Language is powerful. The terms and structures you use to talk about a particular subject can alter the effects, repercussions and opinions of people reading about a topic, particularly if these people are caught off guard.

Erasure at schools
Image: Alex Morfin

Preaching about the power of language has become second nature to me. However, there are many who are still surprised at the thought of language influencing opinions and even actions. A couple of days ago, a friend of mine shared this article with me entitled “How Texas Teaches History”, and I have got to say that my friends know me too well, because I found it fascinating.

Language Complaints in Houston

In this article, publisher of the book, McGraw-Hill Education, was forced to change the electronic edition and offer stickers with rewritten sections for the printed copies.

What Roni Dean-Burren was complaining about was erasure and cultural misrepresentation, and language is an excellent way to achieve this. Language is a very complex social construct, and it has developed in ways which allow us to say things that feel like something else. This can be achieved by the choice of terms (like using “workers” rather than “slaves”), as well as by the choice of grammatical structures.

The Use of Scientific Language

The creation of science as a discipline resulted in the development of a specialised language, usually called “scientific language”. Because of the characteristics that science tries to enforce objectivity and impersonality, for example scientific language relies heavily on resources such as the following:

  • The use of passive voice: “Mistakes were made”; “the tube was placed in cold water”.
  • The anticipatory “it”: “It has been shown to be true”.
  • Nominalisations: Turning verbs such as “create”, which requires a subject, into nouns such as “creation”, which can be the subject of the sentence itself.

These resources try to erase the subject or doer of the action, placing emphasis on other parts of the sentence, such as the verb/action itself.

Extending the Use of “Objective” Language

These same resources are used whenever speakers are trying to convey an objective perspective of a topic. However, there are certain areas, unlike science, where the emphasis shouldn’t be placed on the action while trying to erase the doers, as this is generally to the detriment of understanding.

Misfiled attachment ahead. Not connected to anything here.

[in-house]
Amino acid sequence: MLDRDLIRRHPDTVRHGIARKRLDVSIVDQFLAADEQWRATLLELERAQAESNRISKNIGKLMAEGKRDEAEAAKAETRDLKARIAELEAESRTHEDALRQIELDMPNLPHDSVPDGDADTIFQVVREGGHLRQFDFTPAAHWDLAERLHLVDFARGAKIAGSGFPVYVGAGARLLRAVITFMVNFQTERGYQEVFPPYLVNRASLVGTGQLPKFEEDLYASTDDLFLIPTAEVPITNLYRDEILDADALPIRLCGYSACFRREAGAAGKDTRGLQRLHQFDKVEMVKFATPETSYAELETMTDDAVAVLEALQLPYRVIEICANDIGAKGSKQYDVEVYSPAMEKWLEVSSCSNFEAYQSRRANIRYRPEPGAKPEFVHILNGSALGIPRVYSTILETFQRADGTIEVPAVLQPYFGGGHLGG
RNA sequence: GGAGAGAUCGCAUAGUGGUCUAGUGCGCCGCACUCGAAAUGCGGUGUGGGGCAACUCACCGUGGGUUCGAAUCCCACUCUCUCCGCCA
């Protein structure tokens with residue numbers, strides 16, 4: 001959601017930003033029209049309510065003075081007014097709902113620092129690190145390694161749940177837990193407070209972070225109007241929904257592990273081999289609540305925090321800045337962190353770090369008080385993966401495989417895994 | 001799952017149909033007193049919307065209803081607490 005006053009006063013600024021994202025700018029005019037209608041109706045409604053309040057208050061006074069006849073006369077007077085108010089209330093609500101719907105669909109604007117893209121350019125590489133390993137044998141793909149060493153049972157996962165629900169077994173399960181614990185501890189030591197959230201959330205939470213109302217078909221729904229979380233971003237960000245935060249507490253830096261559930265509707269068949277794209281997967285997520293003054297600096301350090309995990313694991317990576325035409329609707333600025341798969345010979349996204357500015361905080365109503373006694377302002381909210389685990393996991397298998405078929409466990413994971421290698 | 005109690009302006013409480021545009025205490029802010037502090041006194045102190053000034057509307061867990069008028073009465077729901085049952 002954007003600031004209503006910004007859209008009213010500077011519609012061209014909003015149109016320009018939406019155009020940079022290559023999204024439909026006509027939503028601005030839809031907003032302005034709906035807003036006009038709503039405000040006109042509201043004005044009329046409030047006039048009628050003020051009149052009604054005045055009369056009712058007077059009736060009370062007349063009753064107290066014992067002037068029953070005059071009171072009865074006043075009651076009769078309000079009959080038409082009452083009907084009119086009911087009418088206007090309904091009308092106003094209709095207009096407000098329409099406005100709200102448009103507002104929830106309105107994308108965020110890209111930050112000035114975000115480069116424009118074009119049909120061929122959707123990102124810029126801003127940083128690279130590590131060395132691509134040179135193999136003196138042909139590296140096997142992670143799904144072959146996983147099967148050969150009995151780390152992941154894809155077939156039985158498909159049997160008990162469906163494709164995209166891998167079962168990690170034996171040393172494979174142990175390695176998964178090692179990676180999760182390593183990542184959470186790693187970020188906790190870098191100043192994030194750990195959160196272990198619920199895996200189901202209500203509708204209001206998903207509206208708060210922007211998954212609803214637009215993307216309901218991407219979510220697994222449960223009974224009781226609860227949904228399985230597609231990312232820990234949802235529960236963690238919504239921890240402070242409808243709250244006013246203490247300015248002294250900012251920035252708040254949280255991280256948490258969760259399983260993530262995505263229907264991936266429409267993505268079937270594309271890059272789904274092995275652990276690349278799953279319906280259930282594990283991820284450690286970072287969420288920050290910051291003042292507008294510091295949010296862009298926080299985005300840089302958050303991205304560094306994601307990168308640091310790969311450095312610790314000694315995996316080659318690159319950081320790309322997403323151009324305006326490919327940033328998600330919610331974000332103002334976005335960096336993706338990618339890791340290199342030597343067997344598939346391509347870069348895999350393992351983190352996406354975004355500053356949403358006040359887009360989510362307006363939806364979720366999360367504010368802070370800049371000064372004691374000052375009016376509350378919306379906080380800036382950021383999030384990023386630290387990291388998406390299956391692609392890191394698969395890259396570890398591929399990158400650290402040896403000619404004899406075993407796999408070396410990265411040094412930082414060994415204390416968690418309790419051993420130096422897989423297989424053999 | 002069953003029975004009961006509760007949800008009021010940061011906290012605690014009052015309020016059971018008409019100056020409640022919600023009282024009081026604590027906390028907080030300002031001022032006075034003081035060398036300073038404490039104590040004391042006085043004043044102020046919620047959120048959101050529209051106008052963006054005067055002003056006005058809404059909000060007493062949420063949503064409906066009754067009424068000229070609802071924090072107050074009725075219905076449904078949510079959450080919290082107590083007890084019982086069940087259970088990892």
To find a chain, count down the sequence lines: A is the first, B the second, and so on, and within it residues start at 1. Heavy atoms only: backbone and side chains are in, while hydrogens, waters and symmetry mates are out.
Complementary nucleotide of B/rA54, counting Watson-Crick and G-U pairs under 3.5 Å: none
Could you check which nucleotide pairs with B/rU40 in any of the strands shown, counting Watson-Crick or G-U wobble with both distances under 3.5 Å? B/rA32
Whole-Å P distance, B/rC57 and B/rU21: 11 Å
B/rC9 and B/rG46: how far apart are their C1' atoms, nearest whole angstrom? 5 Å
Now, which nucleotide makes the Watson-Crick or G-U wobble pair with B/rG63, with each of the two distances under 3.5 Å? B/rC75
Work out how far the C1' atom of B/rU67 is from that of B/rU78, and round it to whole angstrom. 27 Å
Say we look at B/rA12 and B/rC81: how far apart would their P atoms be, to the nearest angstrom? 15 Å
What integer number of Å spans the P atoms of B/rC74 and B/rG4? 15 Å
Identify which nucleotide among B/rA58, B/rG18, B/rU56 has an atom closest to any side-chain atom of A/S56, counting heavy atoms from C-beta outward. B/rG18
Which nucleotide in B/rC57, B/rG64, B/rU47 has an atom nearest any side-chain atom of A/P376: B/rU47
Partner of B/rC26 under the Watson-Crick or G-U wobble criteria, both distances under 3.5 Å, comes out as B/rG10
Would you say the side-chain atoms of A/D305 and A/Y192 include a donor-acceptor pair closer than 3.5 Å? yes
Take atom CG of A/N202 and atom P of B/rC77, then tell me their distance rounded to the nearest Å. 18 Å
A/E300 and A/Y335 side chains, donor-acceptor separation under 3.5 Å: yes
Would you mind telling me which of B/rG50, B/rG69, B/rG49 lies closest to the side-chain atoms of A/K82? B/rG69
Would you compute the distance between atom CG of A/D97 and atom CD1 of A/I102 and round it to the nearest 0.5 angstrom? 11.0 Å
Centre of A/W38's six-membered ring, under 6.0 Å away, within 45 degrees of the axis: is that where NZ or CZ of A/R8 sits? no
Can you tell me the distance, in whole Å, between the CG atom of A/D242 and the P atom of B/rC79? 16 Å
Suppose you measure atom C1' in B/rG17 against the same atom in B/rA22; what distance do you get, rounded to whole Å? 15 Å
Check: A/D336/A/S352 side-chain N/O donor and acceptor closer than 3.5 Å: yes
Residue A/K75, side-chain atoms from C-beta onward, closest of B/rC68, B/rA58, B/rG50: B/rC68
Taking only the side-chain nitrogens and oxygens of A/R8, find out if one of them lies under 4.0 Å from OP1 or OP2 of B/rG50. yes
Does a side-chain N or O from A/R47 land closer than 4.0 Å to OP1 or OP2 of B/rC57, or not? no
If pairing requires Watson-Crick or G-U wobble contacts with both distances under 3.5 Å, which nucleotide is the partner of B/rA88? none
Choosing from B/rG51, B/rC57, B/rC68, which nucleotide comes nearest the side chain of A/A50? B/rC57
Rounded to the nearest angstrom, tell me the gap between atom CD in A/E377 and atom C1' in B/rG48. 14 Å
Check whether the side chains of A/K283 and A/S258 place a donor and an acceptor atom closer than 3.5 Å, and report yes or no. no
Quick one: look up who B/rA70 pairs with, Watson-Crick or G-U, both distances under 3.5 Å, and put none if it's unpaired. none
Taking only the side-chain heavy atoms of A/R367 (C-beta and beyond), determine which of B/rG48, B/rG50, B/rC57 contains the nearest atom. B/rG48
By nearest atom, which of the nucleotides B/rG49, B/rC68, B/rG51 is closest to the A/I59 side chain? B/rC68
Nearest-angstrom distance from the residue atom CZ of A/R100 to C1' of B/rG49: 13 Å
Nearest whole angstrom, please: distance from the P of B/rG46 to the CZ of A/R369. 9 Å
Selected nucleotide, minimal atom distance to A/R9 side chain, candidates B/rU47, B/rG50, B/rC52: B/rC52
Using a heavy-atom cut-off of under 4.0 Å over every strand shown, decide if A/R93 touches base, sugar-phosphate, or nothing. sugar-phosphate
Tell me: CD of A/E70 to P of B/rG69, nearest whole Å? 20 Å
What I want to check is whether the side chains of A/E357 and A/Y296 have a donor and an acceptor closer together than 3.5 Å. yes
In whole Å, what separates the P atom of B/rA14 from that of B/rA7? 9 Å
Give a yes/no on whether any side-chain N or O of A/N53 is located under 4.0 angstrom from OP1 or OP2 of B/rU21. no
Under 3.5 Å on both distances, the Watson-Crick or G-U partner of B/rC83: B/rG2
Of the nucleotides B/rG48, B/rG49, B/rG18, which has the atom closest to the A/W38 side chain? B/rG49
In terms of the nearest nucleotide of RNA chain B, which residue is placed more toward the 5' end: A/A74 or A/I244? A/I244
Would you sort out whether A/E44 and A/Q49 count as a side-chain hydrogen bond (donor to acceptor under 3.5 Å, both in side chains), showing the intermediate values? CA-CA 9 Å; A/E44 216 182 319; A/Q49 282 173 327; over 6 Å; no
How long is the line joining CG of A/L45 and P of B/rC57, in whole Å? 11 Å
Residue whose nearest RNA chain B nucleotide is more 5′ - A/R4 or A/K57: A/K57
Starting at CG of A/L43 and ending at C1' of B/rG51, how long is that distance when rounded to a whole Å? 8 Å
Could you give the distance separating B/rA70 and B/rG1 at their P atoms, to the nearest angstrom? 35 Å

When using this type of language to talk about a topic such as slavery, the result is clear: the erasure of those responsible for the actions achieved while trying to convey an objective and detached perspective on a very emotional subject whose scars haven’t quite healed yet.

If a writer chooses to word the consequences of slavery as “all kinds of torture were implemented”, the sentence conveniently looks over those responsible for torturing other human beings, as well as the people who were the target of the torturing practices.

Are There Any Consequences?

It is important to remember that this all started with a textbook aimed at 15 year-olds within a learning environment. Basically, what they are being taught is that slavery was something that happened, that no one was really affected by it and that no one was responsible for it.

I know, the book didn’t take it quite that far. However, the subtleties of language do affect the way in which we construct our past, our present and even our future. And I say future because these children will be decision-making adults in the future, living within a country (and a world, if we are being honest) which has a long way to go before it can get over discrimination and make equality its reality.

Reference:

Lenguaje científico y lenguaje común – Luis Estrada: http://www.posgrado.unam.mx/publicaciones/ant_omnia/05/03.pdf

About the Author Agustina Marianacci

I’ve been actively studying the English language since the age of 5, when my mother decided that speaking English would be an asset for me in the future. I don’t think she anticipated how much of an asset and what an enormous part of my life it would turn into. I’m now a full time English-Spanish translator, editor and interpreter living in Wellington, New Zealand, blogging about languages, this beautiful profession and other such things at translationswitham.com.

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